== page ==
How VR is Transforming the Future of Aviation Training

VR flight simulators make pilot training more affordable than traditional pilot training and they can make aviation safer and decrease Air Force spend.

Virtual Reality (VR) flight simulations have been around for a long time, but now the technology’s being used for more than gaming. The military are using VR to refresh the skills of flight personnel with PTSD and everyone from airlines to private jet charter companies are realizing it’s a much cheaper way to train pilots into an industry that’s experiencing a critical shortage of pilots.


How VR flight simulations could fix the critical pilot shortage

Go to any major aviation and aerospace trade show and you’ll see VR headsets everywhere. Proof that VR pilot instruction systems are putting on their big boy pants and stepping into a world of real-life professional pilot training that’s a lot more affordable than the traditional way of training pilots. It doesn’t stop there. VR flight simulations can also be used to train aeronautics mechanics making aviation safer and decreasing Air Force spend. So let’s look at what’s new and best in flight simulators.


Breakthrough technology – adding sensation to VR flight simulators

The biggest advance in VR pilot training is called a haptic system (or “force feedback” in video gaming and military training applications). A haptic system or kinesthetic communication can transmit vibrations, motions or sensations to the user to recreate the sense of touch. It’s this development that’s allowed the Air Force to effectively use VR simulations for pilot training as well as treating flight personnel suffering from Post-Traumatic Stress Disorder (PTSD).


How haptic feedback works?

Users of Go Touch VR’s new system wear three sensors on each hand that look like blood-pressure sensors doctors put on your fingertips. They’re lightweight and do not interfere with natural hand and finger movements. These actuators apply pressure to the fingertips to replicate textures, the stiffness of an object, and the sensation of holding an object in your hands. Each of the three sensors has a number of actuators under a flexible rubber cover that can be controlled individually to adjust pressure from light touch through to a more distinct contact. The attachments are not visible on the headset.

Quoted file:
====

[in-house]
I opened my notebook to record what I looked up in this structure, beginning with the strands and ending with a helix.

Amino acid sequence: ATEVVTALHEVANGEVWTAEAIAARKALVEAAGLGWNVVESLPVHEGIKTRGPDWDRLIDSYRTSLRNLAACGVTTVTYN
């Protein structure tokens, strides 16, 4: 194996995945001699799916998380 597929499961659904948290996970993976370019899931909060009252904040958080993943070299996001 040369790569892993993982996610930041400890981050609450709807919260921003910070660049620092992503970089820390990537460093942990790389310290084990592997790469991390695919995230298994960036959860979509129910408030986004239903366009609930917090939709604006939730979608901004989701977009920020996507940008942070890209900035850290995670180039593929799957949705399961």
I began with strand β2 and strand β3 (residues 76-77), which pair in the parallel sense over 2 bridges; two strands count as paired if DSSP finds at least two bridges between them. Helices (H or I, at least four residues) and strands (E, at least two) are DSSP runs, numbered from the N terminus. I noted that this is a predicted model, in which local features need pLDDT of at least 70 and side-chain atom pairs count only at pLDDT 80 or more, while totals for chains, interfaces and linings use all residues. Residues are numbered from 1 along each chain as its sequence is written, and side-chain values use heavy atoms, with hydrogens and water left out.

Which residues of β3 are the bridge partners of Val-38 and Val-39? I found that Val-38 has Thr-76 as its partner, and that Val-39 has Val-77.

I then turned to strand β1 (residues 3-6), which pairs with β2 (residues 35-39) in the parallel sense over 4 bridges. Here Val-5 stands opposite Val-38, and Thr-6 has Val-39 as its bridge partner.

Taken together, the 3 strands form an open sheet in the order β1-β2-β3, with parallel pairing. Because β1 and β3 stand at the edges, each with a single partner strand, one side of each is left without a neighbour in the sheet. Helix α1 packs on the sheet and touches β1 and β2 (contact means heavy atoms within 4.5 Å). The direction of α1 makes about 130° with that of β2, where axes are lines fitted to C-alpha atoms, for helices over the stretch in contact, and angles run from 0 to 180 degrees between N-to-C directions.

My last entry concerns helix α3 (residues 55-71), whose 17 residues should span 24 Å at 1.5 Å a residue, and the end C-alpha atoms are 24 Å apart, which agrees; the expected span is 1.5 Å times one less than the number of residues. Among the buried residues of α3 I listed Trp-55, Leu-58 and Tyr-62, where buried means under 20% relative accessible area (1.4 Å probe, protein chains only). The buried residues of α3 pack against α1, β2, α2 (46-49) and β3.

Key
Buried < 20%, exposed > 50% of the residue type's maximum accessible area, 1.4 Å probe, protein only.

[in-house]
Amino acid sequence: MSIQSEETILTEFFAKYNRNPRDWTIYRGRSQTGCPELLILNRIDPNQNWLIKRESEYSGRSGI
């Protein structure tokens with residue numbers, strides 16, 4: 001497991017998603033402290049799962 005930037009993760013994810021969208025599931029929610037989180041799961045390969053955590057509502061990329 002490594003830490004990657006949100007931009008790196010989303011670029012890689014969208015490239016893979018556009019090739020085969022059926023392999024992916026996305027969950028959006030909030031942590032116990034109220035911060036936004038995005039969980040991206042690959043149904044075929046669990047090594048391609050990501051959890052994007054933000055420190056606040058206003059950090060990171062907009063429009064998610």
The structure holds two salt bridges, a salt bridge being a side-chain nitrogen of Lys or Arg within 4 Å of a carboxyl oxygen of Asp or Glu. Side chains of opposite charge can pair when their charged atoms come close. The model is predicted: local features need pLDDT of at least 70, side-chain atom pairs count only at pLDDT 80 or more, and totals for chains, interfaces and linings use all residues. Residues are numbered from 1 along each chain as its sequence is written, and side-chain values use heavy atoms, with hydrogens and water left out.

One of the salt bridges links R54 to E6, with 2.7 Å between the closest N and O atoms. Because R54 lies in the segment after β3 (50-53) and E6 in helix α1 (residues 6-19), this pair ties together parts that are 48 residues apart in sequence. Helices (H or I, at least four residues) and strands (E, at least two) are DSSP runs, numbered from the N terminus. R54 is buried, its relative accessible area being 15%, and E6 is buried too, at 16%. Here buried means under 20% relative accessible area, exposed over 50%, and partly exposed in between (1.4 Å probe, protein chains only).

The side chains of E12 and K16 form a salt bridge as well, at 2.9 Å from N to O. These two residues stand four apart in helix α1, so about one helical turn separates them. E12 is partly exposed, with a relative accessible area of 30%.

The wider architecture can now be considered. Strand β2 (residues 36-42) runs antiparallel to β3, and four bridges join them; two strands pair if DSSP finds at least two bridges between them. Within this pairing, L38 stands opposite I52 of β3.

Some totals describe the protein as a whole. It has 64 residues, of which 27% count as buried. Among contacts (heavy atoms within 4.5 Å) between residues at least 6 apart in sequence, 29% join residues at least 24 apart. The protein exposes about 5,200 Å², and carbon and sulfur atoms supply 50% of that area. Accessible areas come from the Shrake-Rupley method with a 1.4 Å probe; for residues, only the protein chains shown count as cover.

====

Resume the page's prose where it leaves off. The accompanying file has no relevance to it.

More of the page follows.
This means that when VR flight simulators with haptic feedback are used in pilot training, a pilot feels the motion of her seat when learning to fly in severe weather conditions, as well as the pressure of every switch and instrument adjustment. The beauty of this technology is that our brain’s play along so well by anticipating and then recognizing the physical contact as being every bit as good as the real thing.  


The best flight simulators on the market

The latest upgrades to this popular flight simulator include a new high-definition user interface and the quality and realistic detail from “the gear trucks to the rivets” are a close simulation of those on the real aircraft.

New badges under its Steam listing include support for Oculus Rift, HTC Vive, and Windows “Mixed Reality” VR headsets with the entire default fleet, except the SR-71, VR-ready. Some parts of the airplane (like the seats) are ‘hotspots’ that light up and snap you to that location.

Other upgrades include: a new aircraft (Aerolite 103), 1315 new airports and 3D buildings, customizable runways for airport authors, enhanced night lighting at large distances, and higher performance with AMD graphics cards.


Known as one of the best flight simulators available on PC, DCS World is about to launch the F-14 Tomcat as the latest in its offering of digital battlefield simulators. The F-14 Tomcat is one of the most famous fighter jets of all time and the DCS World simulation does not disappoint with its extraordinary delivery of detail, from the aeronautics and flight characteristics to individual switches in the cockpit.

According to developer Heatblur’s website, what makes the F-14 Tomcat so special is the external and internal graphic model which they created using laser scanning and photogrammetry from real Tomcats in museums, the detailed External Flight Model (EFM) developed over several years and verified by genuine F-14 pilots, the detailed modelling of the AN/AWG-9, and the ability to fly as a two-crew aircraft in multiplayer.

With the entire southwestern USA laid out for the user including 3D buildings and bridges, advanced 3D graphics and the flight dynamics model, give aspiring pilots a high degree of realism. Aerofly FS 2 has the fastest frame rates for undisturbed flights and native support for Oculus Rift and HTC Vive without having to use additional software.

The user has a wide selection of aircraft to choose from – general aviation aircraft, airliners, and helicopters, military fighter jets, historic aircraft, and even gliders. Navigation features include route planning, instrument Landing System (ILS), Omnidirectional Radio Range (VOR), and non-directional radio beacon (NDB).


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